This would be pretty for Canada Day, don’t you think? (I knew better than to attempt to arrange a maple leaf out of raspberries.) It looks pretty enough that people asked me where I bought it, but in reality if you can stand a raspberry upright, you can cover a cheesecake with them. The truth is, here they’re covering a gaping chasm of a crack in the top – something so common in cheesecakes it’s traditional to cover the plain ones with a sour cream topping to conceal any flaws.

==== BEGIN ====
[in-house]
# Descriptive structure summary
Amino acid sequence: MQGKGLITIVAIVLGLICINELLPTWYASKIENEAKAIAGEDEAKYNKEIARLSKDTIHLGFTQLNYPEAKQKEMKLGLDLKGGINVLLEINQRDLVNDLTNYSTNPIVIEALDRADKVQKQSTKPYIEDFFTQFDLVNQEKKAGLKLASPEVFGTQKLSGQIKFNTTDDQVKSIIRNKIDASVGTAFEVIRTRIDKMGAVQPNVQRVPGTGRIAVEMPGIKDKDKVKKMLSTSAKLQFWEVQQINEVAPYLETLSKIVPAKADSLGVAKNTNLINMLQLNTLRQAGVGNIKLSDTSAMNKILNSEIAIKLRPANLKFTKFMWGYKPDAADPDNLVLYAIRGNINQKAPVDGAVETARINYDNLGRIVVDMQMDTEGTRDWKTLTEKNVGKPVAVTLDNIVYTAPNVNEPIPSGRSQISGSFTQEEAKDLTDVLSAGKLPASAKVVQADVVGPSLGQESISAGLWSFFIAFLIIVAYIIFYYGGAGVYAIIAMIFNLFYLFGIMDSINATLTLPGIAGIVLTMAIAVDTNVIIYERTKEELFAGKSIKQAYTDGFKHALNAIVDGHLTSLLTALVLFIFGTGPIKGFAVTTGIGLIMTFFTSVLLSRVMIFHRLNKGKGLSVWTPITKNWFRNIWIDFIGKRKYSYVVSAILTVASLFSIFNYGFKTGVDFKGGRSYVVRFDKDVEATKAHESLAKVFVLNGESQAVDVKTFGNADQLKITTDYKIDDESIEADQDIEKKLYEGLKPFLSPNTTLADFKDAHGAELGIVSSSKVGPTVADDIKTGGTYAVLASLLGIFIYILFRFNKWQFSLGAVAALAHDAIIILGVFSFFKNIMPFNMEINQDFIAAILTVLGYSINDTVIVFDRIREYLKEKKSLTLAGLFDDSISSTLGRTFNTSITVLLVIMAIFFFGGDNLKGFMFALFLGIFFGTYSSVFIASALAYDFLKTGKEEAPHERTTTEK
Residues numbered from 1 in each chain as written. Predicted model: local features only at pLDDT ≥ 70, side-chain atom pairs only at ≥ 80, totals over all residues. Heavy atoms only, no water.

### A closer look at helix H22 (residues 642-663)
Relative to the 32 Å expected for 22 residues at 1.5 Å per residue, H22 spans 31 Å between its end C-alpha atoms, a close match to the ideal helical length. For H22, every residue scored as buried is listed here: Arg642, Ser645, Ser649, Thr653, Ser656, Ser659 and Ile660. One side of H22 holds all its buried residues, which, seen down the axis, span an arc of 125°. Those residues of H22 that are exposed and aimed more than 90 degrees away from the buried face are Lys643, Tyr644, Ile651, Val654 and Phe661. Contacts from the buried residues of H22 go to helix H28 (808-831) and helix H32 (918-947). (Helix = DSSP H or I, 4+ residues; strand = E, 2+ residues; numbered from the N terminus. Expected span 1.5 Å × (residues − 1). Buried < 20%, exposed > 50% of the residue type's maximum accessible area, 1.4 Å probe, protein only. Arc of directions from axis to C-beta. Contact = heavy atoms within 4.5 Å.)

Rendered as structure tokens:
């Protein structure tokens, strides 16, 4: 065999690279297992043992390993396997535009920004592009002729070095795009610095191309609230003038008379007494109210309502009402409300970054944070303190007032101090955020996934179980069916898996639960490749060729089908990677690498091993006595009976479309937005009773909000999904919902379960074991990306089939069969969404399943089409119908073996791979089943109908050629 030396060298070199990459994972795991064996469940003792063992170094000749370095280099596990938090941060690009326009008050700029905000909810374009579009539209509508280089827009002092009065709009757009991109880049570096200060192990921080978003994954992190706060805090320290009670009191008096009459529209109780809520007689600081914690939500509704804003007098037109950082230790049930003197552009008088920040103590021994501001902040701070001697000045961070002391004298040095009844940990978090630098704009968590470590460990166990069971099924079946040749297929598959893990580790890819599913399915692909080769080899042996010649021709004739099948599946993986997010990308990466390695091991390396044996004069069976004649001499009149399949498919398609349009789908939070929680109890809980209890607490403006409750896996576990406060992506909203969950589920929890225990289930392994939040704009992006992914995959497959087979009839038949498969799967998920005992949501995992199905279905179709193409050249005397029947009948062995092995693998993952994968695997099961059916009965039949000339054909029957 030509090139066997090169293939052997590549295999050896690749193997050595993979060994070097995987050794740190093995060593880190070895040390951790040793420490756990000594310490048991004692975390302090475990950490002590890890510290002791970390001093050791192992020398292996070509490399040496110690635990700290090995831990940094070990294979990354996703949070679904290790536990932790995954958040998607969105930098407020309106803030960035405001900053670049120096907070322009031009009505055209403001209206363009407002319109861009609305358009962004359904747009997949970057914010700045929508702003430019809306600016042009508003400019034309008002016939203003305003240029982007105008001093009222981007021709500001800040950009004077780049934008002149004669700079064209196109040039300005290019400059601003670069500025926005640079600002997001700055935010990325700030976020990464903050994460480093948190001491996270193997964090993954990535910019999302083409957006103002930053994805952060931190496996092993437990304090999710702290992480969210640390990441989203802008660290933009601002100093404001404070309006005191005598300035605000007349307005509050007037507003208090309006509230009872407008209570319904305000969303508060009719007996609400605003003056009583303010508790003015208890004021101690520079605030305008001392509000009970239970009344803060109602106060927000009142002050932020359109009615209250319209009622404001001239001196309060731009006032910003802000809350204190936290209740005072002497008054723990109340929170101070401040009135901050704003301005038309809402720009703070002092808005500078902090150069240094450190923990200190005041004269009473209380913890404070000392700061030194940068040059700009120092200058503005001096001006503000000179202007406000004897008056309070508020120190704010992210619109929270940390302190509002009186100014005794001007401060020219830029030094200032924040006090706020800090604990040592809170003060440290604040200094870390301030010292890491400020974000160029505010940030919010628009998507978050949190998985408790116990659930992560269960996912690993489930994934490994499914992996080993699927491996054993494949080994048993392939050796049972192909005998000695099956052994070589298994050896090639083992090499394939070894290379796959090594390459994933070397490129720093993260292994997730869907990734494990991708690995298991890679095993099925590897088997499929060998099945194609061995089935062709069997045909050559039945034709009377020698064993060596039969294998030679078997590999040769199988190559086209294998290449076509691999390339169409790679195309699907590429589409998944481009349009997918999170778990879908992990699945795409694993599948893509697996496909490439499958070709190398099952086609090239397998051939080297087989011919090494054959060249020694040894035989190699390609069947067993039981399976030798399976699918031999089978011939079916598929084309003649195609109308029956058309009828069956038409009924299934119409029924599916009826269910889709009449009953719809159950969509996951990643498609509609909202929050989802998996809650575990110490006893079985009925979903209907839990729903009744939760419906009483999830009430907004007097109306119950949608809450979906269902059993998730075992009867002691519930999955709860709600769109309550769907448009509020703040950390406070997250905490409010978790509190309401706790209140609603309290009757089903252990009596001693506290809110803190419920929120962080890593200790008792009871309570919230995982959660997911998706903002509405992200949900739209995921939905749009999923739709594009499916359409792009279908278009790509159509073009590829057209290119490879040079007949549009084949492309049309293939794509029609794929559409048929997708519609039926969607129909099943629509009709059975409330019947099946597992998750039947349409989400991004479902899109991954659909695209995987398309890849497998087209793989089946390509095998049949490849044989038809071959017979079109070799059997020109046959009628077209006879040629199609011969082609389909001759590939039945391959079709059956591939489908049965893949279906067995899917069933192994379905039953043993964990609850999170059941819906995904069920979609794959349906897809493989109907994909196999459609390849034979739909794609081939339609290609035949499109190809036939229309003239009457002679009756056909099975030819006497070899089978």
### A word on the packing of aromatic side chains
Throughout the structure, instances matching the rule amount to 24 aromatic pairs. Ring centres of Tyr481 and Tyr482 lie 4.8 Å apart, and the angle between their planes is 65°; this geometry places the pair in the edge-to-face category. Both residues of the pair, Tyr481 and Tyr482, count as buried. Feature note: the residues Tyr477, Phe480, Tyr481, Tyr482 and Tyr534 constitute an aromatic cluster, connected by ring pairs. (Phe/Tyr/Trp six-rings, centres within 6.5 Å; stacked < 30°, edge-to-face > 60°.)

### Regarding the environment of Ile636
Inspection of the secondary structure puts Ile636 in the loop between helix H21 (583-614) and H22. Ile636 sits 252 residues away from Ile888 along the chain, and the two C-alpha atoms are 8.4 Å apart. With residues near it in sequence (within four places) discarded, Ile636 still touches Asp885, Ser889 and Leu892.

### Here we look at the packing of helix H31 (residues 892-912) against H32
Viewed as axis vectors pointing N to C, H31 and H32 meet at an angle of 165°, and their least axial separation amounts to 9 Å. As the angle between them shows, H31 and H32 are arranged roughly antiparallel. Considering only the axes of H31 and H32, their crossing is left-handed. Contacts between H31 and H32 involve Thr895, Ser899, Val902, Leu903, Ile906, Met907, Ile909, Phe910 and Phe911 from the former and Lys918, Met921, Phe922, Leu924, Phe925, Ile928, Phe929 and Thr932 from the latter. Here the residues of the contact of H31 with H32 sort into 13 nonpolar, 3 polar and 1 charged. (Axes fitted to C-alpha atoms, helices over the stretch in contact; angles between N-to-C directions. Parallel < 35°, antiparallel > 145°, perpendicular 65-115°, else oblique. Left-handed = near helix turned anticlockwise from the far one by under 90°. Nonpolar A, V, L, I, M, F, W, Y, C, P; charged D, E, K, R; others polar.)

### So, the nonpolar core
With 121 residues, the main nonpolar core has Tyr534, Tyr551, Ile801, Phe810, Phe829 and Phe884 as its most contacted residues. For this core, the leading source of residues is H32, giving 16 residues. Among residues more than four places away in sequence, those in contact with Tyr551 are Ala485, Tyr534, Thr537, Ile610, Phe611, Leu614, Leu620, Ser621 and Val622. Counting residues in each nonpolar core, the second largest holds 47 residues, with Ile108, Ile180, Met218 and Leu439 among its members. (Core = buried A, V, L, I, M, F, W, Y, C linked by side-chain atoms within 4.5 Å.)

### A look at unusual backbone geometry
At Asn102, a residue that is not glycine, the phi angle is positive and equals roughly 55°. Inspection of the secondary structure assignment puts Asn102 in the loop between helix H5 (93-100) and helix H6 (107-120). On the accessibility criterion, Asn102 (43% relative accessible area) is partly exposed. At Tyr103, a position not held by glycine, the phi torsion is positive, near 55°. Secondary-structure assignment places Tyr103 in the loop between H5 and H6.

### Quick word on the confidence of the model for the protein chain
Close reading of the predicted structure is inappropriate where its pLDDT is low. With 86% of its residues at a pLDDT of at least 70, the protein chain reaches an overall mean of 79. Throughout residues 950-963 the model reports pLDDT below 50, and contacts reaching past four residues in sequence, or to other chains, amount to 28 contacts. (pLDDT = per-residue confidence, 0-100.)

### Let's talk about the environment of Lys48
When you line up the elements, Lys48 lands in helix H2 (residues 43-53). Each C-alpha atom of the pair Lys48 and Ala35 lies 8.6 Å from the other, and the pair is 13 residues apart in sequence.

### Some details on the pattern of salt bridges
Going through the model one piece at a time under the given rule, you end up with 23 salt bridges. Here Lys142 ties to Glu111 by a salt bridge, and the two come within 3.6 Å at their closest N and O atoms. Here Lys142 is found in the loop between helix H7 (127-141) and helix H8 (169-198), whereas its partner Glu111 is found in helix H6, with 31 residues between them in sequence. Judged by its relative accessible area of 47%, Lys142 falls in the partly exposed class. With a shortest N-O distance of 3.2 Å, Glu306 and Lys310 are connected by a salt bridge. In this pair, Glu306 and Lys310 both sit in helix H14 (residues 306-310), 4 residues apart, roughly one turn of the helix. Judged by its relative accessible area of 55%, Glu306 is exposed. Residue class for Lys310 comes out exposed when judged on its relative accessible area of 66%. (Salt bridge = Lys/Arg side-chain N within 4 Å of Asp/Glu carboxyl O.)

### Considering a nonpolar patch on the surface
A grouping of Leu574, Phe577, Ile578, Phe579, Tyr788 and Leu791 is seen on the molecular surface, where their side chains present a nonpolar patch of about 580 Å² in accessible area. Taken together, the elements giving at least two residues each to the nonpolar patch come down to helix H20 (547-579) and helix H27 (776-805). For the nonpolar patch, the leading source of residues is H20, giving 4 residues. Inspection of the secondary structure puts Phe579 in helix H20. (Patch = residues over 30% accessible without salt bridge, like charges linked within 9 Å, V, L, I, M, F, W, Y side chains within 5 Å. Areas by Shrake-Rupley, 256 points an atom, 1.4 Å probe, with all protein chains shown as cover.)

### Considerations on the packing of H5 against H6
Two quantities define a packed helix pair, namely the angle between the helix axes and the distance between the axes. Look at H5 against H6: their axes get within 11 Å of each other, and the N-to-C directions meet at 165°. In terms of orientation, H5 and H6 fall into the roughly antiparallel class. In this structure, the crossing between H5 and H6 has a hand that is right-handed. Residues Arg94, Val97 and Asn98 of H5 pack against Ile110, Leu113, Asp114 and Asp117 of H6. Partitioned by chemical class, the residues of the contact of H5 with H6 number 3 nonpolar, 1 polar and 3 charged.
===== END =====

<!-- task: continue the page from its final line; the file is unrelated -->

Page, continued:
Cheesecake was my dessert of choice back in the 90s – it was Mike’s birthday cake of choice for decades – and yet I never think to make them these days. They’re pretty low-maintenance, as far as desserts go – once baked, it needs to sit in the fridge to firm up, so it may as well just hang out in there until you’re ready for it. A plain cheesecake like this – a classic recipe I started baking from the Canadian Living Cookbook around 1987 – can be dolled up with berries, fresh or sauced, or you can douse it in chocolate or caramel, spike it with citrus or leave it plain.